The parents of a brain-damaged young girl have won a legal fight to take her to Italy for treatment after British doctors argued that her life support should be turned off.
Five-year-old Tafida Raqeeb has been at the Royal London Hospital since suffering a traumatic brain injury in February, but could be moved to the Gaslini children’s hospital in Genoa within 10 days after a High Court judge ruled in her family’s favour.
Solicitor Shelina Begum, 39, and construction consultant Mohammed Raqeeb, 45, of Newham, east London, looked to raise the funds needed for the transfer after doctors in England said that further treatment would be futile and that she has no realistic chance of recovery.
Lawyers representing bosses at Barts Health NHS Trust, which runs the Royal London Hospital, could still ask Mr Justice MacDonald to halt Tafida’s transfer pending any appeal hearing on Friday.
They said further treatment would be futile because the youngster had permanent brain damage, was in a minimally conscious state and had no chance of recovery.
Ms Begum and Mr Raqeeb said doctors in Genoa would keep providing life-support treatment until Tafida was diagnosed as brain dead.
They said Tafida, who has a British-Bangladeshi background, was from a Muslim family and Islamic law only allowed God to end life.
Mr Justice MacDonald, who had analysed evidence at a recent High Court trial in London, approved a move to Italy in a ruling delivered on Thursday.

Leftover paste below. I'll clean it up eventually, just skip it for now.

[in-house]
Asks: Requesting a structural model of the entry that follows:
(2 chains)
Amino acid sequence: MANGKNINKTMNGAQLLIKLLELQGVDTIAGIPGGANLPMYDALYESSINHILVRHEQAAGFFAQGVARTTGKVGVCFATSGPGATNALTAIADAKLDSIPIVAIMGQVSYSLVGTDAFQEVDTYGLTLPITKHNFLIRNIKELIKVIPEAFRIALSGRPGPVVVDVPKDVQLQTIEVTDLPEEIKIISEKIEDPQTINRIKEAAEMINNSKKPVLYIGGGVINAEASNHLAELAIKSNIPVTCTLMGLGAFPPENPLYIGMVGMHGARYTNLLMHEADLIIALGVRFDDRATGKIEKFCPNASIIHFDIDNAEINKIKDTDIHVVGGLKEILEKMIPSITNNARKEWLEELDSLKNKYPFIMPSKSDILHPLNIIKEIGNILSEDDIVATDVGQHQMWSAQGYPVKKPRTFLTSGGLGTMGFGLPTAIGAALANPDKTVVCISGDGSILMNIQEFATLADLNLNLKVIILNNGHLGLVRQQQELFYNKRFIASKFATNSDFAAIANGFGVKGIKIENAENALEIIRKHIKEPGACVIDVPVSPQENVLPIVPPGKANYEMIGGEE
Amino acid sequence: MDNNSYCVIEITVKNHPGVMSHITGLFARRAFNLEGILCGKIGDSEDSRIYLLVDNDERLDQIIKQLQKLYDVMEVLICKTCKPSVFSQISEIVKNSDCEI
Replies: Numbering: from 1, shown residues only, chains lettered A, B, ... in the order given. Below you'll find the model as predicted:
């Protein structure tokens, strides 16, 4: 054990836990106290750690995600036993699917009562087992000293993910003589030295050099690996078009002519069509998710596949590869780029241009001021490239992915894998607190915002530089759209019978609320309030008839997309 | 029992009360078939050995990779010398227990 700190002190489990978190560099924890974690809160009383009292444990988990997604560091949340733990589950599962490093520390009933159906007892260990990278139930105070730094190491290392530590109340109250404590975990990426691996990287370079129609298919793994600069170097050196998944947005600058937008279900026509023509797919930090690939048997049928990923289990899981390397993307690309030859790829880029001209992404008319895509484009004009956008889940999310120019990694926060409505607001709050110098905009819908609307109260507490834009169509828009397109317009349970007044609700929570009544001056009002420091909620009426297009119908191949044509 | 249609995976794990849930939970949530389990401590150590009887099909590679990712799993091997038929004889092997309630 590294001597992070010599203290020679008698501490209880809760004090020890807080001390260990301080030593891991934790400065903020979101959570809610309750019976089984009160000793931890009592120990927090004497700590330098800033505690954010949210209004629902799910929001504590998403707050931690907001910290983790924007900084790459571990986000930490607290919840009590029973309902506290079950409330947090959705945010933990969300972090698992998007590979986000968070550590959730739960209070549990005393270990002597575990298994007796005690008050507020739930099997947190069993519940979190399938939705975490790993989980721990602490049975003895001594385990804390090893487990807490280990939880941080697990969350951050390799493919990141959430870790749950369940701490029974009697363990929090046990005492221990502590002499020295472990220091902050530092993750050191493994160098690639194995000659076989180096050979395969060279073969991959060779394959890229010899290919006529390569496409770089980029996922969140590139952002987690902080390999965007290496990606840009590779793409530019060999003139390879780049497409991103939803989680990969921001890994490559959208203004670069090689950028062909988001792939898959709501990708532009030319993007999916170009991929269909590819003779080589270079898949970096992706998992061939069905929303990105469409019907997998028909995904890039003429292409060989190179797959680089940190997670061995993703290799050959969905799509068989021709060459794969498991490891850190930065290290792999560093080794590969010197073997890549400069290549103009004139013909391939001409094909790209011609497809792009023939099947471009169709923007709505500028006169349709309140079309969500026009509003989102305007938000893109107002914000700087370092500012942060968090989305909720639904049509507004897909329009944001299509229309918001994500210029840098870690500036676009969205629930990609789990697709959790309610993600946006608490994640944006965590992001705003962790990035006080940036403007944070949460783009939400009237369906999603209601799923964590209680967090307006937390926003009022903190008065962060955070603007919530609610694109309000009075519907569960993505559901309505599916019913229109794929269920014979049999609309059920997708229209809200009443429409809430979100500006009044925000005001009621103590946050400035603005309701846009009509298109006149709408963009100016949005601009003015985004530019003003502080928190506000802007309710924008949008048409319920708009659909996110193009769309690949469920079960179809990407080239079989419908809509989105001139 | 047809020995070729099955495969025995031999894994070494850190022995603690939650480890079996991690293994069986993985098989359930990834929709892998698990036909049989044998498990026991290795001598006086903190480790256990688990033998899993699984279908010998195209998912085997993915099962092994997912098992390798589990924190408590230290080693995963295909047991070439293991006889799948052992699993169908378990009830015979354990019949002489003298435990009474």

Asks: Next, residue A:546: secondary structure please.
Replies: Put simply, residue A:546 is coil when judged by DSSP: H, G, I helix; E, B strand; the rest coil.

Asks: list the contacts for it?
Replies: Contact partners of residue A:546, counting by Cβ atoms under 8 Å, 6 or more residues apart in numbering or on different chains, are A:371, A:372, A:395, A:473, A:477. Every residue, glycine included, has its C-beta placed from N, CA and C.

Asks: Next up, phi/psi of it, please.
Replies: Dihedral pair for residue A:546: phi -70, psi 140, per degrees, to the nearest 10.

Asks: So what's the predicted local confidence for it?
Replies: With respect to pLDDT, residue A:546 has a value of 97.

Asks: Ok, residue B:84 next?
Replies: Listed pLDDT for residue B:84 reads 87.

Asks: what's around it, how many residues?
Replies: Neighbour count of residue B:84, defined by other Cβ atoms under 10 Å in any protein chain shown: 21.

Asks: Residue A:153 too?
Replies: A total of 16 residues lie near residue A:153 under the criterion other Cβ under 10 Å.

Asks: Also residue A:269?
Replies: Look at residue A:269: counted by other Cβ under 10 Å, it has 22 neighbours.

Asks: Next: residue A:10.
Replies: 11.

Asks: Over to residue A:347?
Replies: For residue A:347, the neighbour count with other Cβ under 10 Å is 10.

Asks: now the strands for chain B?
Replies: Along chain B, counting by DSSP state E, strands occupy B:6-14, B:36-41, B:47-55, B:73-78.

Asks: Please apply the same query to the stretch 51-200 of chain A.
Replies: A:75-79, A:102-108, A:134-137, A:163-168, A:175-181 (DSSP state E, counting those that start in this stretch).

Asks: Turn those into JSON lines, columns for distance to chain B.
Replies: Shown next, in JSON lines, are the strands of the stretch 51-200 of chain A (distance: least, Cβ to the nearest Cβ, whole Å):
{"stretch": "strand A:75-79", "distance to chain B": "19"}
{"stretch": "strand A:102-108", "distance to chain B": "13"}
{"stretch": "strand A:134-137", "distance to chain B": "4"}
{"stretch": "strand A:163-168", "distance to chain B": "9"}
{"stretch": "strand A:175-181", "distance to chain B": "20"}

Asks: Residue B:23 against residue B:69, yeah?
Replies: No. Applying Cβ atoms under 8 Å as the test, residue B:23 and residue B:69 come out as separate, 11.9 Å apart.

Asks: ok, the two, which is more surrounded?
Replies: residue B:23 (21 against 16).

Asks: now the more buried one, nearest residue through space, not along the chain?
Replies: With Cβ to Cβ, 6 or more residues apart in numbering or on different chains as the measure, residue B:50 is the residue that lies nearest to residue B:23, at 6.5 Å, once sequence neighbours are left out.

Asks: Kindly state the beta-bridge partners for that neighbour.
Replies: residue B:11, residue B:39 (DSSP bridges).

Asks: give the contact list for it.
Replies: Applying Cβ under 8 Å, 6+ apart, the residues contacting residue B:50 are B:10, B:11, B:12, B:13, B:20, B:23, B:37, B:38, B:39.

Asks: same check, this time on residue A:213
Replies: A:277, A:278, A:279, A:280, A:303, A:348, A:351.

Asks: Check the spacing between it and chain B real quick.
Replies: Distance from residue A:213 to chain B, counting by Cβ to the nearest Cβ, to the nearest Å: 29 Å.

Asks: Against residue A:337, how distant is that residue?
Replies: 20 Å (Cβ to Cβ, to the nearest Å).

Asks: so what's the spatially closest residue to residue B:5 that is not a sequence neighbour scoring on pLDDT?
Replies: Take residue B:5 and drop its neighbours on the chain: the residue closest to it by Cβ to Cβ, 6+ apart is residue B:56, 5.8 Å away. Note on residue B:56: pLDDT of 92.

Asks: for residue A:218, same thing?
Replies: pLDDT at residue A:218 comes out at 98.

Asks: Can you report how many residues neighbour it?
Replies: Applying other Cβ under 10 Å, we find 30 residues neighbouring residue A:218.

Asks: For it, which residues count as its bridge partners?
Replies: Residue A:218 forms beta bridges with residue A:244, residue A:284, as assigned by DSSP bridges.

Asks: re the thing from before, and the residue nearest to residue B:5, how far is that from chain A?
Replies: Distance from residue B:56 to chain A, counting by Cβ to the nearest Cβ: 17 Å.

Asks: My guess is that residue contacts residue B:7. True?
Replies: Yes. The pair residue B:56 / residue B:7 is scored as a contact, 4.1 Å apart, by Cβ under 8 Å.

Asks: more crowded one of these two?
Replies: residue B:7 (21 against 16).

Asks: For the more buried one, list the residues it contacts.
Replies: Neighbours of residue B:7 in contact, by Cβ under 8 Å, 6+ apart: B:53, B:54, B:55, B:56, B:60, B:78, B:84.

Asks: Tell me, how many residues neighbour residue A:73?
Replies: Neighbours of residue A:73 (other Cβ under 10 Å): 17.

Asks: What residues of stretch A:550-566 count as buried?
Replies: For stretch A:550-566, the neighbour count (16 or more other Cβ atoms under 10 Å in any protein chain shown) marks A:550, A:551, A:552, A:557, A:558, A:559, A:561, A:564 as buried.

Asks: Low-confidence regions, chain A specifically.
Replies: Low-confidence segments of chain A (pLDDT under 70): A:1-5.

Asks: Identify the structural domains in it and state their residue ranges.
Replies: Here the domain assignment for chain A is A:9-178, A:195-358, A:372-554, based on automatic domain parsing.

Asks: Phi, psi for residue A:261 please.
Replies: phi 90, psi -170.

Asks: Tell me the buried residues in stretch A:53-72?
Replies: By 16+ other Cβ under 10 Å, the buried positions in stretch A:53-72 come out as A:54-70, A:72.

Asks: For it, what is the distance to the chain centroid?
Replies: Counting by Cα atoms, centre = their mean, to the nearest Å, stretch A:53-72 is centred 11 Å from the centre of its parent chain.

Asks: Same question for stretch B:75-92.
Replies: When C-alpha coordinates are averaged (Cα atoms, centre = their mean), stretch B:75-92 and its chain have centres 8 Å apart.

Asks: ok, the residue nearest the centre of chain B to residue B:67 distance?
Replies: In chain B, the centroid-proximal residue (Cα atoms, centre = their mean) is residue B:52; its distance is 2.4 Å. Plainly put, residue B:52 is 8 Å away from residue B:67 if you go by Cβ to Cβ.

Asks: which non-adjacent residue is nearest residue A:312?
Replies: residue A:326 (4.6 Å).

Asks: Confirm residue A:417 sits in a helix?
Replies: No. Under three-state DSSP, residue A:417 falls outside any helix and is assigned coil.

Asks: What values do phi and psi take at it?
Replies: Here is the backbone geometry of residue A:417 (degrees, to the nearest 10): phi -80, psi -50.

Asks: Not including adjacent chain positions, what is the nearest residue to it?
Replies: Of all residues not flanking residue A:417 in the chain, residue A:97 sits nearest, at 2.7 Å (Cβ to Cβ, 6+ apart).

Ms Begum said, after Thursday’s ruling, that the fight had been “exhausting” and traumatic”.
“We have always had Tafida’s best interests at heart and we have never wanted to come to court to have to argue for our rights to seek continued care in a world-class hospital willing to give her the treatment she needs,” she said.
“The entire experience of having to fight for our daughter’s life over the last three months has been exhausting and traumatic for all of her family.”
Lawyers had told Mr Justice MacDonald that Tafida’s case had echoes of similar high-profile life-support treatment cases involving three children – Charlie Gard, Alfie Evans and Isaiah Haastrup.
Judges concluded that all three of those children should be allowed to die.
Mr Justice MacDonald was told how Tafida woke her parents in the early hours in February complaining of a headache.
She collapsed shortly afterwards and doctors discovered that blood vessels in her brain had ruptured.
Specialists say Tafida could live for years with life-support treatment.
But they say there is a “high chance” she will develop epilepsy which could not be treated.
They say she is likely to develop a disorder of the nervous system, spasticity, and be unable to control her movement.
Miss Gollop had told the judge how blood vessels in Tafida’s brain were “tangled up”.
The youngster could not now swallow, taste or see, she said.
Miss Gollop said Tafida might be able to “hear a little”, but could not breathe for herself and could not “experience touch” in large parts of her body.
She told the judge that all doctors who were asked for an opinion, including Italian medics and a specialist at Great Ormond Street in London, said Tafida would never come off a ventilator and would always need artificial assistance.
Miss Gollop said doctors thought the little girl was “beyond experience”.
A spokesman for the Barts trust said lawyers and bosses were considering the implications of the ruling for the trust, other NHS organisations, doctors and patients.